The missile is tracked by two or more tracking sensors in existing TOW systems. A first tracking sensor operates in the near infrared spectral region. A second tracking sensor operates in the far infrared spectral region. Each sensor tracks the missile to the extent that it is capable in a particular environment. The sensors produce error signals proportional to the angular deviation of the missile from the line of sight. Logic in the guidance system determines which tracking sensor's output signals to use in guiding the missile based on the relative quality of data from each sensor.

Boresight errors between these lines of sight are a major factor in accuracy when guiding the missile to the target, particularly at long range. Parallax between the lines of sight can also affect accuracy. Present alignment concepts control the boresight errors by a combination of manufacturing tolerances, factory alignments, alignments by field service personnel, and operator adjustments to control the overall track link alignments. The final alignments are highly dependent on the accuracy with which various individuals make these alignments, and are susceptible to accidental misalignment.

A major limitation of present concepts is the final alignment between the operator's various tracking sensors. This is typically a field operation using a target of opportunity. The operator switches back and forth between tracking sensors and manually adjusts knobs until the target's position coincides in the fields of view of the tracking sensors. This manual operation provides an additional error source and introduces the real possibility of the operator's accidental introduction of large errors into the track loop. The usual assumption in system performance analysis is that this additional error source is comparable in magnitude to other error sources.

The effectiveness of the system ultimately depends on how well the tracking sensor used to guide the missile is aligned to the reticle of the sight that the operator uses to track the target. The alignment of the near infrared sensor to the day sight has been tightly controlled by a combination of manufacturing tolerances, and factory and field alignments, both manual and automatic. There is similar control of the alignment of the far infrared sensor to the night sight. These tolerances and alignments are sufficient to control overall alignment when the operator uses the day sight and guidance is developed from the near infrared tracker or when the operator uses the night sight and the far infrared is used for missile guidance.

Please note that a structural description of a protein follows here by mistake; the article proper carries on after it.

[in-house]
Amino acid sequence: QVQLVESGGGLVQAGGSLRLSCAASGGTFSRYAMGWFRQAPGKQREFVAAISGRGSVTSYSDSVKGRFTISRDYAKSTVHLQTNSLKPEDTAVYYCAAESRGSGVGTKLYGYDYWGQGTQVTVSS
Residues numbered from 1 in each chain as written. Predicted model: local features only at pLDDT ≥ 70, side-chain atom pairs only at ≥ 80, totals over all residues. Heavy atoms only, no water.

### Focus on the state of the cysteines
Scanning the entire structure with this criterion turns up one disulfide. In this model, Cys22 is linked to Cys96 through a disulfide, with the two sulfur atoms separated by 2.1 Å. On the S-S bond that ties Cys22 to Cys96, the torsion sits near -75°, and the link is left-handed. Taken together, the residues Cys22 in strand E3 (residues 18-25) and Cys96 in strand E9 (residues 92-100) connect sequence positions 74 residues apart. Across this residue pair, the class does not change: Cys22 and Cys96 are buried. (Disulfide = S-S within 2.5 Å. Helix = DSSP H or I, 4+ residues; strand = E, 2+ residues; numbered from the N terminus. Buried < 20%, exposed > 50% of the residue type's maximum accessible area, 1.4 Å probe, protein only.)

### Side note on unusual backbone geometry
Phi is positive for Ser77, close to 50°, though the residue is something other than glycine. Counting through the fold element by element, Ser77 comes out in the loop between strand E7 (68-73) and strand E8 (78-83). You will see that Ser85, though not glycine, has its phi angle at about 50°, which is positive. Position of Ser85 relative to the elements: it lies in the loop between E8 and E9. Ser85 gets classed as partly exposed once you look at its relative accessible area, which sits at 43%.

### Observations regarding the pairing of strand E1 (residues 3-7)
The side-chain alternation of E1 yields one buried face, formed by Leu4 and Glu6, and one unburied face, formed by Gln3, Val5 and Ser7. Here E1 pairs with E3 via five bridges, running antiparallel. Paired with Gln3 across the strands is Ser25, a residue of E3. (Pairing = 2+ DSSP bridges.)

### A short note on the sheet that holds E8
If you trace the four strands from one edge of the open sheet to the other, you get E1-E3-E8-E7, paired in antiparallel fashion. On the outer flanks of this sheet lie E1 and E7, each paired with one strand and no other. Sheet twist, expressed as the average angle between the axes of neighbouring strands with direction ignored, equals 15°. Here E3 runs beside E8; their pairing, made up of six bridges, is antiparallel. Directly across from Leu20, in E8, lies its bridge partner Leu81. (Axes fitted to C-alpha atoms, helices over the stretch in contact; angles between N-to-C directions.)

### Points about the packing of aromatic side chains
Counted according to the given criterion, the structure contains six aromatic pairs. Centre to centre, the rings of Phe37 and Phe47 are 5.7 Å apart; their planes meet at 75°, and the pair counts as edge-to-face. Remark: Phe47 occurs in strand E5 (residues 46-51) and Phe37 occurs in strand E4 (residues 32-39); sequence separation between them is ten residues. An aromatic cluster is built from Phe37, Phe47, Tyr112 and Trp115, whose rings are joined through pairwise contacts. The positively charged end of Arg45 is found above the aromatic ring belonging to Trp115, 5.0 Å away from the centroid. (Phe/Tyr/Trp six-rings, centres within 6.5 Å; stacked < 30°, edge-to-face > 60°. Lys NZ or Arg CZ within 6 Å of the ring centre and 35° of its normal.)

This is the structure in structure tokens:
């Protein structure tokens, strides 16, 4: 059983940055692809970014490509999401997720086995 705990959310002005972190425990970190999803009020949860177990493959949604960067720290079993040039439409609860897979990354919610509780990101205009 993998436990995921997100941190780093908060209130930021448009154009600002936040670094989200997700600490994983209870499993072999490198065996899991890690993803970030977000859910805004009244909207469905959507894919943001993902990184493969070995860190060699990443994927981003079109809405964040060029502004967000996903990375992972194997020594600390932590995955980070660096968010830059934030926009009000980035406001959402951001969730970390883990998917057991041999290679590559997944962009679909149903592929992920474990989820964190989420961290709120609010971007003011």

When there is a cross-tracking situation, the alignment between the day and night sight becomes an error source. Cross-tracking occurs when the operator uses the day sight and guidance developed from far infrared data, or uses the night sight with guidance developed from near infrared data. This alignment is a manual adjustment that the operator can make at any time at his discretion. In performance analysis, assumptions are made as to the accuracy of this alignment. There is no guarantee that the operator will have made the alignment accurately. There exists a real possibility that the sights will be accidentally misaligned by large amounts. Accordingly, there exists a need for reducing boresight and parallax errors and improving system alignments.

It is an objective of the present invention to provide an improved method of measuring misalignment between multiple missile track links, and compensating guidance of a missile to a selected target. Another objective of the invention is the reduction of boresight errors when guiding the missile toward the target. A further objective of the present invention is the compensation for parallax errors in the tracking system. A still further objective of the present invention is to compensate for errors introduced manually into the tracking system.

SUMMARY OF THE INVENTION

In accordance with these objectives and the principles of the present invention, there is provided a method that measures boresight and parallax misalignments between multiple missile track links, and compensates the missile guidance to its target. The invention is applicable to any missile tracking system having multiple track links.